But God really does not want to make your life boring by taking away your fun. Quite the opposite. As C.S. Lewis points out, it is not that you desire too much. Rather, it is that you desire too little:

                    “It would seem that Our Lord finds our desires not too strong, but too weak. We are half-hearted creatures, fooling about with drink and sex and ambition when infinite joy is offered us, like an ignorant child who wants to go on making mud pies in a slum because he cannot imagine what is meant by the offer of a holiday at the sea. We are far too easily pleased.”

                    The things in this life that we think will satisfy us are not what will really satisfy us…and God knows this. Sex, money, power, etc. are actually quite empty and incapable of satisfying us. If you would like to learn more about this, please read Timothy Keller’s book Counterfeit Gods: The Empty Promises of Money, Sex, and Power and the Only Hope That Matters.

                    • “”Scott writes:
                      Dennis, in conclusion, I want to make a point that might help diffuse objections you may have to belief in God. I was an agnostic for many years, and so I know the psychological motivations for lack of belief in God…quite intimately. Drawing from my own personal experience, I suspect that you probably object to God because you don’t want to have a higher power telling you what you can and cannot do. You want to pursue your desires without restraint.””

                      I’m always suspicious when folks quit the conversation and move onto evangelism. Thanks for the counselling but I’ve already been there.

                      I won’t be holding out for any miracles. I’ve ‘seen’ many and have experienced all kinds of things that other folks call miracles. But they aren’t. It’s simply a way to frame experience from a particular view. It’s all part of god-talk. I simply recognize that I can’t logically say that it’s impossible. After all, we can all be brains in vats.

                      Cheers!

                    • Scott Youngren says:

                      Dennis,

                      You say that I “quit the conversation” to engage in evangelism. But this is not exactly what what happened.

                      I presented a logical argument for God, and you responded to my logical argument by characterizing it as an “opinion.” But of course it is my opinion….that is why I am logically defending it.

                      You merely dismissed my argument by characterizing it as an “opinion,” rather than logically engaging with it. Logically engaging with my argument may come in the form of furnishing a logical rebuttal to it, or in the form of presenting me with further questions about it.

                      Since you chose to dismiss my argument, instead of logically engaging with it, I assumed that your objections to God are other-than-logical objections. And since I have personal experience with rejecting God for other-than-logical (read: emotional) reasons, I thought I would share my experience with you. I was hoping that you may be able to relate to my experiences.

                      I was an agnostic for many years largely because I was angry at God for the fact that I was very unhappy with my life. My reasons for rejecting God were emotional, not rational. I suspect that you may now be at a similar place to where I was.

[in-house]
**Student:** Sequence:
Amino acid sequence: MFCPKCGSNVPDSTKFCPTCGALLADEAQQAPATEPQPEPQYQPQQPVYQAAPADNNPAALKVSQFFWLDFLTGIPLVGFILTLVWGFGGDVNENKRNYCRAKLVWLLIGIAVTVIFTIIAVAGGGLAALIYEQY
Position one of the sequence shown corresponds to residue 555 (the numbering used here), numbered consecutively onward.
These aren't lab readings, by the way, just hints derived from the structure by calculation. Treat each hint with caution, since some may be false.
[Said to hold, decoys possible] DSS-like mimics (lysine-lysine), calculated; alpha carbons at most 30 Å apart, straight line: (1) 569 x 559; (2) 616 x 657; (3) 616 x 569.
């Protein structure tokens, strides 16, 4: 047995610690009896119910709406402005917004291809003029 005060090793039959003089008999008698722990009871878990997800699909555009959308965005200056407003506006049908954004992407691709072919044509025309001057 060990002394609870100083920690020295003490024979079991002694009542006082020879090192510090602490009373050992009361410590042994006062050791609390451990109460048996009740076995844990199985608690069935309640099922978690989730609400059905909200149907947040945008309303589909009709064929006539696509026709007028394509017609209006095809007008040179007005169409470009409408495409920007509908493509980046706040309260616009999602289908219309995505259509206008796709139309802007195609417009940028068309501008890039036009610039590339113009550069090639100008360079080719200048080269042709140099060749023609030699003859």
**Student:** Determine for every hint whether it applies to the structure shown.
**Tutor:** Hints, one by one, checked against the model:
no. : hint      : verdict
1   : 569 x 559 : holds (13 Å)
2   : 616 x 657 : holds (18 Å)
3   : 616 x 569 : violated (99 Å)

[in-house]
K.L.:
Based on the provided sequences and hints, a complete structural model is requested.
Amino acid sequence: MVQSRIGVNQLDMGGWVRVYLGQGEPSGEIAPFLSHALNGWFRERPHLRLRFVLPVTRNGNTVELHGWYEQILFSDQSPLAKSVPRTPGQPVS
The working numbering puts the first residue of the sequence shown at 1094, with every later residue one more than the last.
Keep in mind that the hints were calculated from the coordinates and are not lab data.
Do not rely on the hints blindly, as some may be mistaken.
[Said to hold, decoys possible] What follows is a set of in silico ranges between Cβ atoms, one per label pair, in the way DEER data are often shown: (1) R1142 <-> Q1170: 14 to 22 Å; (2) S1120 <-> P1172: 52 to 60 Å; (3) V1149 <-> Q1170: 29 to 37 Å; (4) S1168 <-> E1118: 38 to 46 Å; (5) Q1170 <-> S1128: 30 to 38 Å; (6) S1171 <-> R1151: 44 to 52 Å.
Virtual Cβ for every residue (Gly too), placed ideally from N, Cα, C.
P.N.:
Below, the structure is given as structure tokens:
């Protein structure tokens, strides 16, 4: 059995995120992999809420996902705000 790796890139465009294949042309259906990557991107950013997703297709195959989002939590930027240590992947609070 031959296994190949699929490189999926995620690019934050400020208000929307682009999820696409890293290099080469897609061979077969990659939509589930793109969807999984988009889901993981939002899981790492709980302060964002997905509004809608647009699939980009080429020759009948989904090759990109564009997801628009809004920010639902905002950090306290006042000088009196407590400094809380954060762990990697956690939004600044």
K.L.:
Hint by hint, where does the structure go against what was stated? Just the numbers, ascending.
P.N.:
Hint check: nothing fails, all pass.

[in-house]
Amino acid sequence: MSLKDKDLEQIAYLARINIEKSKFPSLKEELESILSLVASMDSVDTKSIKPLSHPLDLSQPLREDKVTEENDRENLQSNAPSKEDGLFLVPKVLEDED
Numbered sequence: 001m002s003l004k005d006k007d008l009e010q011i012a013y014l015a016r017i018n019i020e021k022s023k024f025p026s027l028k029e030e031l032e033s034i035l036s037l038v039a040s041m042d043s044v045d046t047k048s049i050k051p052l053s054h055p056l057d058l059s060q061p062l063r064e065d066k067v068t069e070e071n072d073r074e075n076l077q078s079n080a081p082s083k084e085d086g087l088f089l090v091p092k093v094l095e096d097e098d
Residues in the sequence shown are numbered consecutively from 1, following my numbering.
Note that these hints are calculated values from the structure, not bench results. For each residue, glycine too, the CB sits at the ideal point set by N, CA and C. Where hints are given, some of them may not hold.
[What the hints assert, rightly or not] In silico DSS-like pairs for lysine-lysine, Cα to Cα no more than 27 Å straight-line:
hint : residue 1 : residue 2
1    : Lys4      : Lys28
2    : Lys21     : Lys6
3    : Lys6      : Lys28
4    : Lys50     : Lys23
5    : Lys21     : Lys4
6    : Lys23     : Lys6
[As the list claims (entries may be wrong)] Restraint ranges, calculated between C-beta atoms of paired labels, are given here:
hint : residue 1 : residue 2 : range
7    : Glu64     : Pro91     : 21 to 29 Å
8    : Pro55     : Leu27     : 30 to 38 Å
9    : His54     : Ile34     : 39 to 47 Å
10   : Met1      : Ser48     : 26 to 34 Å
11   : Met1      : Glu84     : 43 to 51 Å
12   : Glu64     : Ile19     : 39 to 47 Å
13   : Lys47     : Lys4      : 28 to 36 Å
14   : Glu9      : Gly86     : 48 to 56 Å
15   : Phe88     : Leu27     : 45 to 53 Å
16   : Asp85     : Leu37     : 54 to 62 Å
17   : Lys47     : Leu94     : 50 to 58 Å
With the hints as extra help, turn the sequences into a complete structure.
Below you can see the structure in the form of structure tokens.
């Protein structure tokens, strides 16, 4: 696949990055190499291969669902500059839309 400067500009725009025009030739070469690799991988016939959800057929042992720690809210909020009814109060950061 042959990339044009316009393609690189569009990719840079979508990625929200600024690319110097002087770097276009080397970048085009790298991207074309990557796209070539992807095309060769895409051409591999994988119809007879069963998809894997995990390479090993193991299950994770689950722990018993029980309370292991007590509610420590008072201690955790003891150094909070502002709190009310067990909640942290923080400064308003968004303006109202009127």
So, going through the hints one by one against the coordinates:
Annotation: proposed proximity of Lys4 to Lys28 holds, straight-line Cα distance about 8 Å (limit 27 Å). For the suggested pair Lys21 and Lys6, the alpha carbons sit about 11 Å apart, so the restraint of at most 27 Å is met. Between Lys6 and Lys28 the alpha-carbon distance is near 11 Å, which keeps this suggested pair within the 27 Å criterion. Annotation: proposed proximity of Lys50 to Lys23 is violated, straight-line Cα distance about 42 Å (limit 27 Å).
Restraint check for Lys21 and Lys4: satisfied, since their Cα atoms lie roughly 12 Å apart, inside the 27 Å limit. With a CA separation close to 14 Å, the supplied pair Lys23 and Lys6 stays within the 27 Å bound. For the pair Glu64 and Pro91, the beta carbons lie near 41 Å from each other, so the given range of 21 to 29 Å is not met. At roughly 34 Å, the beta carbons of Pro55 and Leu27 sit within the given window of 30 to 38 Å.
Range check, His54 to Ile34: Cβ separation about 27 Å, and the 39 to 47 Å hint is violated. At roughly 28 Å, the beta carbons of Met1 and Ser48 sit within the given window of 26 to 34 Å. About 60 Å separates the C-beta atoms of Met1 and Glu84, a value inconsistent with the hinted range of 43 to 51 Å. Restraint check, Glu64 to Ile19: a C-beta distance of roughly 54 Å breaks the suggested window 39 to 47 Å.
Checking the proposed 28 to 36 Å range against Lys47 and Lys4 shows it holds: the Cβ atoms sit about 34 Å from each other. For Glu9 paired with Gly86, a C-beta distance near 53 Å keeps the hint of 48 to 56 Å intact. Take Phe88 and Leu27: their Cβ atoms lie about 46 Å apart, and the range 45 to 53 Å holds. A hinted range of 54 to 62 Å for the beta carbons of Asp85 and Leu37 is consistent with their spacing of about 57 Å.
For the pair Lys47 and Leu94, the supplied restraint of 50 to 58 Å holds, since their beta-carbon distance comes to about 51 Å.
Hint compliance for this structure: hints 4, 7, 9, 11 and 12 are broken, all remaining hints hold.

My suffering, I now realize, was part of God’s plan to bring about a greater good. In other words, I now realize that the intense suffering I went through was part of God’s plan to mold and shape my character. As Victor Frankl, the famed Swiss psychologist who survived the Nazi death camp at Auschwitz, put it: “What is to give light must endure burning.”

                    • Scott says:

                      “You say that I “quit the conversation” to engage in evangelism. But this is not exactly what what happened.

                      I presented a logical argument for God, and you responded to my logical argument by characterizing it as an “opinion.” But of course it is my opinion….that is why I am logically defending it.”

                      Sorry! Let’s pick it up here:

                      From Scott:

                      “1) DNA is a language in the most literal sense (this is not some loosey-goosey analogy).

                      2) Information science tells us that language and information content are always the product of a conscious and intelligent mind.”

                      1. This is not true. Some people hold this position but it is not true in the literal sense. Literally language is always symbolic and representative. Thus Plato and his forms. What ever we say, write, code, or refer to is symbolic of something separate from us. Even machine code is symbolic of something other than itself. DNA is different. It functions intrinsically in and of itself. The word ‘apple’ or ‘pomme’ is language. That thing hanging on a tree isn’t. We speak of it symbolically because we are humans. It can be useful to imagine DNA as a language because our minds work symbolically but that doesn’t change the nature of DNA. (You might be interested in finding CS Lewis’ treatise on silent prayer – he felt the words – symbols – might get in the way of one’s true prayer and that silence could speak better.)

                      2. This has the smell of a tautology to me. And it’s clearly unsubstantiated opinion. First you need to show that you are not a brain in a vat and simply following molecular programming. But a question from my own experience: I used to use a protocol in a lab that gave x results. It had 37 steps. One time I did it and the results looked at first to be horrible. I ran step wise through my actions to figure out what I did wrong until I figured out that at step 35 I grabbed the wrong chemical (probably was flirting with someone). I figured what they hey and ran the tests anyway. The results were spectacular. Smaller amounts but shiningly clear. From then on we always used the revised protocol based on my copy-error.